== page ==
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Every so often in this newsletter, we feature a guest piece from one of our voxgig people about a topic that means a lot to them. This week I’m delighted to introduce voxgig newsletter curator and marketing guru Cora Kearney.

Cora has been with voxgig since day one. She shares with us how a medical diagnosis affected her life and career, and how she didn’t let it defeat her. She is proud of her achievements in the face of disability. I am proud of her, and incredibly grateful that she’s chosen to make her home at voxgig.

– Richard

Fear used to get in the way of me living my life

When I returned to college at 38 years old it was to replace skills I had lost due to Idiopathic Intracranial Hypertension (IIH) After 4 years In college, and an honors degree in marketing from WIT,  I had to go out into the work force but I couldn’t imagine anyone employing me because of my brain damage. I was afraid to apply for jobs, since the thought of being found out frightened me. I was scared, thinking I wasn’t good enough anymore; fearful that my broken brain made me less of who I used to be. I felt like I was less than perfect, and terrified of the bleak future ahead of me.

This now feels like a lifetime ago. I am very grateful that such thoughts didn’t persist. Otherwise I wouldn’t be where I am today, which is a very positive place.

Being positive is my natural state, but having IIH—and the subsequent damage in my brain—was something I had never dealt with before. Somewhat ironically, prior to my illness I had spent many years working with people with disabilities. I only ever noticed who they were, how impressed I was when they completed tasks, and how proud I was of their accomplishments. I needed to apply the same mindset when looking at my own life.

But first I had to face my biggest fear: people finding out that I was less than perfect, that I had a disability. And so I began to talk openly about it. In fact, I did it so often that it became very natural for me, just another part of normal conversations. The more I spoke, the more I realized that my broken brain didn’t make me less than I used to be. Quite the contrary: it made me more, much more. Looking back at all that I have accomplished since IIH disrupted my life, I am very proud of my achievements.

There have been many times throughout my life when I have had to look fear in the eye. Thankfully, I have never backed down.

It was one of those times that brought me to the door of Toastmasters. The idea of public speaking terrified me, since as a result of the illness I sometimes struggle to find the right words to express myself. However, I had to re-develop this skill if I were to successfully get back working again. I never thought for a second that I would come to love public speaking and that Toastmasters was just the beginning.

I won’t lie: fear is still there. But I have learned that I can use it as a way to harness adrenaline when speaking. A clear example of this was my latest pitch on stage for a competition at Inspirefest. It was a fantastic experience which proves that amazing things can be achieved when you conquer your fears. (You can read more about my experiences at Inspirefest here).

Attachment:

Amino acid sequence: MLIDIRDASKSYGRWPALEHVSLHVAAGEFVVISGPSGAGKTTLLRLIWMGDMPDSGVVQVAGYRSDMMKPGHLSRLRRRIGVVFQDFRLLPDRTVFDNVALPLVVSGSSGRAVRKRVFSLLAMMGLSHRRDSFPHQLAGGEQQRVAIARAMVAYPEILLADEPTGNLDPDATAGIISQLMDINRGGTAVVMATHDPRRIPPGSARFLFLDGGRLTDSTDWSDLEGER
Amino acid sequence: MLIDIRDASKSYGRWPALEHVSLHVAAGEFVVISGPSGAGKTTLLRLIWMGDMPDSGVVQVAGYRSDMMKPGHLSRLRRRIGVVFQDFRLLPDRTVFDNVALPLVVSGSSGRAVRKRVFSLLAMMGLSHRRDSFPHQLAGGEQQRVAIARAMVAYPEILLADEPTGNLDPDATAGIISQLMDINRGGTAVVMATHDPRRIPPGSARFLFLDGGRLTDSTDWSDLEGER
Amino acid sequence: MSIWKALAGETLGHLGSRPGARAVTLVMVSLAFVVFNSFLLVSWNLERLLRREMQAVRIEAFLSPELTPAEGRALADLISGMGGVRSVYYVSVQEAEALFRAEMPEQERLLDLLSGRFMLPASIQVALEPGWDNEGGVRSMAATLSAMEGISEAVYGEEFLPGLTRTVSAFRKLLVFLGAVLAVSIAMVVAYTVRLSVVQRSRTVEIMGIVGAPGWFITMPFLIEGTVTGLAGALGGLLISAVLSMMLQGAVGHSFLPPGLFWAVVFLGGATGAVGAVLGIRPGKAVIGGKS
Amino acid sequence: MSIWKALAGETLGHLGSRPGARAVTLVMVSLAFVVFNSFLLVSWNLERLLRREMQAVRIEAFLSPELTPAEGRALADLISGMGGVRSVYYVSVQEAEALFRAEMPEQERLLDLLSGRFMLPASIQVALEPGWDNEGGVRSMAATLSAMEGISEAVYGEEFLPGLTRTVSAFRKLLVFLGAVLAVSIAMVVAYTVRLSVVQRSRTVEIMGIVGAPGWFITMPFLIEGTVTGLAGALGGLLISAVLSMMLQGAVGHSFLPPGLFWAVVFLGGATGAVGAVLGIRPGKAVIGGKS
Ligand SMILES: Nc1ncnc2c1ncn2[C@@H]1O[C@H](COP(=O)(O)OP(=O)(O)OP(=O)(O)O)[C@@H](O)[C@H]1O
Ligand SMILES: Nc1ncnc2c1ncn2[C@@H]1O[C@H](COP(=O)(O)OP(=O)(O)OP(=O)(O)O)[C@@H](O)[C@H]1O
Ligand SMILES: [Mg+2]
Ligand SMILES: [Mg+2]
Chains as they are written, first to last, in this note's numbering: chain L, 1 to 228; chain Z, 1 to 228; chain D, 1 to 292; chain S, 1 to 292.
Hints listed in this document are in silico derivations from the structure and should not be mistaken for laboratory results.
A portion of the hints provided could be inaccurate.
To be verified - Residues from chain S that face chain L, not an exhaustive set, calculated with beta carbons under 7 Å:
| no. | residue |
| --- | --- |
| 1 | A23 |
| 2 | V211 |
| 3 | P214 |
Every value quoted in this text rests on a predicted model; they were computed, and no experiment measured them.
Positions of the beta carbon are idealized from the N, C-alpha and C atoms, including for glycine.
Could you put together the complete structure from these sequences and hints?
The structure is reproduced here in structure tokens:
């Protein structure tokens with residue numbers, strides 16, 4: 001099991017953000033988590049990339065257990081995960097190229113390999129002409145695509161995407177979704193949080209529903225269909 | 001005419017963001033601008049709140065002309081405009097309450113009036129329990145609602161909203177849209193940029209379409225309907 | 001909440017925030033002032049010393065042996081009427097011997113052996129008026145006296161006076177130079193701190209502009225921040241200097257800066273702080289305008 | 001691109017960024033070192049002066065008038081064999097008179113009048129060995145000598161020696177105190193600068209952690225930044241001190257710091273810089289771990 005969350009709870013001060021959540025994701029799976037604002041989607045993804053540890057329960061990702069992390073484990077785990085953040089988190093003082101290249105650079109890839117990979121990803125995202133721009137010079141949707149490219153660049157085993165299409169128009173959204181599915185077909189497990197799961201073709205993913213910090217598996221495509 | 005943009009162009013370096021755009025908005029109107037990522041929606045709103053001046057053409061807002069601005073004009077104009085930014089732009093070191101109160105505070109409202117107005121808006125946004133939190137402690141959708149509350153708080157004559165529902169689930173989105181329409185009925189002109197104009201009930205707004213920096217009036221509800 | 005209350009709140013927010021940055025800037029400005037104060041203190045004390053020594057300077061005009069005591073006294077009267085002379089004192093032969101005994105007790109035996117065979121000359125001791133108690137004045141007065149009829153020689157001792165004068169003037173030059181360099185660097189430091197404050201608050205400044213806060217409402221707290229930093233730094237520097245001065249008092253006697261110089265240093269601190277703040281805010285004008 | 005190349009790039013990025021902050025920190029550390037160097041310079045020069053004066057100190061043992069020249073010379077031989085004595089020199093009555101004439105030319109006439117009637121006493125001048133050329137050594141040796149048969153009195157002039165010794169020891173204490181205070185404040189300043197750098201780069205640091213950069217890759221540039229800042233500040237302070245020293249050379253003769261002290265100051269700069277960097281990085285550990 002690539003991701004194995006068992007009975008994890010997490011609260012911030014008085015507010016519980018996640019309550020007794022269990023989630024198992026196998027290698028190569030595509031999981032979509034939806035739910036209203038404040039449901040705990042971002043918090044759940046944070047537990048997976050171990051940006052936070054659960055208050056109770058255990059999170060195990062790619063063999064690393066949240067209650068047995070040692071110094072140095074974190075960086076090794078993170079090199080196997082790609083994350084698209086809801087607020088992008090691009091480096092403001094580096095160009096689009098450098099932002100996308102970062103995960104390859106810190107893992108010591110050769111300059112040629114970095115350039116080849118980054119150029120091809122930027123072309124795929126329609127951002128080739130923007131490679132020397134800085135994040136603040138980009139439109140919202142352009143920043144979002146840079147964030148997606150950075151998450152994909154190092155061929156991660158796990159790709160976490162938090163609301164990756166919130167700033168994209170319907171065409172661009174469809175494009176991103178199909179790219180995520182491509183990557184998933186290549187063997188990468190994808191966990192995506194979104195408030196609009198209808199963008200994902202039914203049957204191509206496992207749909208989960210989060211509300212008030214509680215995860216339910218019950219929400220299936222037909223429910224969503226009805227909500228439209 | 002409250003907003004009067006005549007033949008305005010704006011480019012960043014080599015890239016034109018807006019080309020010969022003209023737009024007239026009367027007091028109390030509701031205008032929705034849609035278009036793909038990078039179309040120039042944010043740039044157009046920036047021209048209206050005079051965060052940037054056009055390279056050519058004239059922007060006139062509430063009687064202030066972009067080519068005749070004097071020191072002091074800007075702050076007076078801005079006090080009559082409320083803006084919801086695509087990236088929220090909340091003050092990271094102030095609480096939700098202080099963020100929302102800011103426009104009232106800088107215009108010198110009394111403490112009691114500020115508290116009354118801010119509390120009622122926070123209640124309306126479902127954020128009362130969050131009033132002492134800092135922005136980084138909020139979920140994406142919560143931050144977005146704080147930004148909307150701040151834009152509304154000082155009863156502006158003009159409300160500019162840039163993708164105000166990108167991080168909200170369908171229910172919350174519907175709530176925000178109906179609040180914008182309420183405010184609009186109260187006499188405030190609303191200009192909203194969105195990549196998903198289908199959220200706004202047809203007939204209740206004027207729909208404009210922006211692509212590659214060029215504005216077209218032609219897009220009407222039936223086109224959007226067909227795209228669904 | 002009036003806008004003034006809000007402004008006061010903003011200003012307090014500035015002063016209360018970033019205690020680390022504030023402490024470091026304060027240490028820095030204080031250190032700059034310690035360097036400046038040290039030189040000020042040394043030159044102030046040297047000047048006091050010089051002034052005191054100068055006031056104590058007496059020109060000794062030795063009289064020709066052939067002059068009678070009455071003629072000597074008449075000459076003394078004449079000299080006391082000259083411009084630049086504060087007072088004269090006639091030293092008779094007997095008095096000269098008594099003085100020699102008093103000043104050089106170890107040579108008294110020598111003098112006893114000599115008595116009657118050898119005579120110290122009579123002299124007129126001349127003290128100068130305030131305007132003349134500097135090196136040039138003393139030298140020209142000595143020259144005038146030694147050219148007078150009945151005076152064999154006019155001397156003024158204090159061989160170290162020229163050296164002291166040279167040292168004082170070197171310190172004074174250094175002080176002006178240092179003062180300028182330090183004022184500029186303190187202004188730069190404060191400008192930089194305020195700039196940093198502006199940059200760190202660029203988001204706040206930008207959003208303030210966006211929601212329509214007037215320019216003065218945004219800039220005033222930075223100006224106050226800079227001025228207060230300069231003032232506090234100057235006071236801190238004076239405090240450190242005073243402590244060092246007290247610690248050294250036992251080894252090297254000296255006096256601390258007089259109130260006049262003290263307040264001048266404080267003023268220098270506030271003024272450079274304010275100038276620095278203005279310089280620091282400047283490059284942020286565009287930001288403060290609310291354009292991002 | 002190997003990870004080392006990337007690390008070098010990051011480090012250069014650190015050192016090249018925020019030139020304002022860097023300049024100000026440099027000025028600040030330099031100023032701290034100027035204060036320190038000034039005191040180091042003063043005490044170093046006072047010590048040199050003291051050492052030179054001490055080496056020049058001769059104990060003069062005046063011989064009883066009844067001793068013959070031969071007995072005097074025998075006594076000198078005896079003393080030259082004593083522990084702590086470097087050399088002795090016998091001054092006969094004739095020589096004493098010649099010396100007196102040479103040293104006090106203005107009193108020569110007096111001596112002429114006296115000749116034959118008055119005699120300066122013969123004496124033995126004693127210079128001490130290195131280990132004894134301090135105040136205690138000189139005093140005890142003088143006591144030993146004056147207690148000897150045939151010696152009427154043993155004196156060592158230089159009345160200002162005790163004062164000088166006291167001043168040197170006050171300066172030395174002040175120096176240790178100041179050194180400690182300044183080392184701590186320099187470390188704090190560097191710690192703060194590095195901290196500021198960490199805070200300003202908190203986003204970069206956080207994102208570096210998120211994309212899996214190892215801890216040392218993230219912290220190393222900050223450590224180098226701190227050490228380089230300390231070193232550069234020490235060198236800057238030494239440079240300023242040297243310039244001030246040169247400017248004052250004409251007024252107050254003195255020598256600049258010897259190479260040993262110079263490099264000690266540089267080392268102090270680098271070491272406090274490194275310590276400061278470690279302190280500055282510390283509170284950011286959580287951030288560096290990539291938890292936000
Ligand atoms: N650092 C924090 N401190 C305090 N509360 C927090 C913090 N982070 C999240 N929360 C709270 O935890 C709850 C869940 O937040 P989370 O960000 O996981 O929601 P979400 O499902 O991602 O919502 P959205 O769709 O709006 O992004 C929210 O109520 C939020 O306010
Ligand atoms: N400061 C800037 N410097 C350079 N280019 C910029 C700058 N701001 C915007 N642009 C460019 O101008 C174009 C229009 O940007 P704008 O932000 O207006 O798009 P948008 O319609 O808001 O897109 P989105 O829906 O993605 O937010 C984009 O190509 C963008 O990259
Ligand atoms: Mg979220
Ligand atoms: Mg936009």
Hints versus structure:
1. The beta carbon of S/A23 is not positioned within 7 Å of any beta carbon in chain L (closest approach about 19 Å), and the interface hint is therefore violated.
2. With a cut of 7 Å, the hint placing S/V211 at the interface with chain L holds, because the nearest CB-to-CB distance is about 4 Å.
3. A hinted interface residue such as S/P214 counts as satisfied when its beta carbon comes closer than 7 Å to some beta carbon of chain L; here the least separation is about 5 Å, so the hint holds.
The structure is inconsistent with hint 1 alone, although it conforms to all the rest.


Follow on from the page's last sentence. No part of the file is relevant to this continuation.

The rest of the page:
It took me four months, a dedicated job coach from EmployAbility Services, lots of CVs and some voluntary work to find a job that I love with a company that has an inclusive, diverse culture, and appreciates hard work, creativity and determination. Since then, things have only gotten better.

Now I am part of voxgig and I have learned plenty more than just how to do public speaking. I have discovered a lot about myself and my capabilities; I have developed leadership and negotiating skills, and best of all, I have become more confident. I have found my place within a great team where my contribution is respected and valued. My job with voxgig suits me perfectly, and my love of public speaking helps me build relationships with newsletter readers such as yourself and Twitter followers around the world.

I am a public speaker, blogger, marketing executive, newsletter editor/contributor and content curator. I volunteer with charities that are important to me and I am living the life of my dreams.

I do all of this because, although I still have fears, I know I will always overcome them.

– Cora
Come say hi on Twitter 

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Voxgig Podcast

Coming Soon… 

I am delighted to announce that  voxgig is starting a podcast series! The title of the series is ‘Fireside with voxgig.’ In each podcast, I’ll be interviewing leading experts from the events industry. The aim is to deliver high quality insights, valuable public speaking tips and enjoyable personal success stories, all in a relaxed, informal and chatty style. Keep an eye out here for the first podcast in the series, coming soon. 

Speaker Profile


Don Dodge Profile shot, Speaker, Don Dodge, Developer Advocate at Google, Text on the image

Don’t fear failure, unlock your inner creativity, and say yes
Don Dodge

“The number one thing that gets in the way of doing great things is fear of failure. Fear prevents us from doing the things we want to do, that we know that we should do. But we’re afraid of failing.”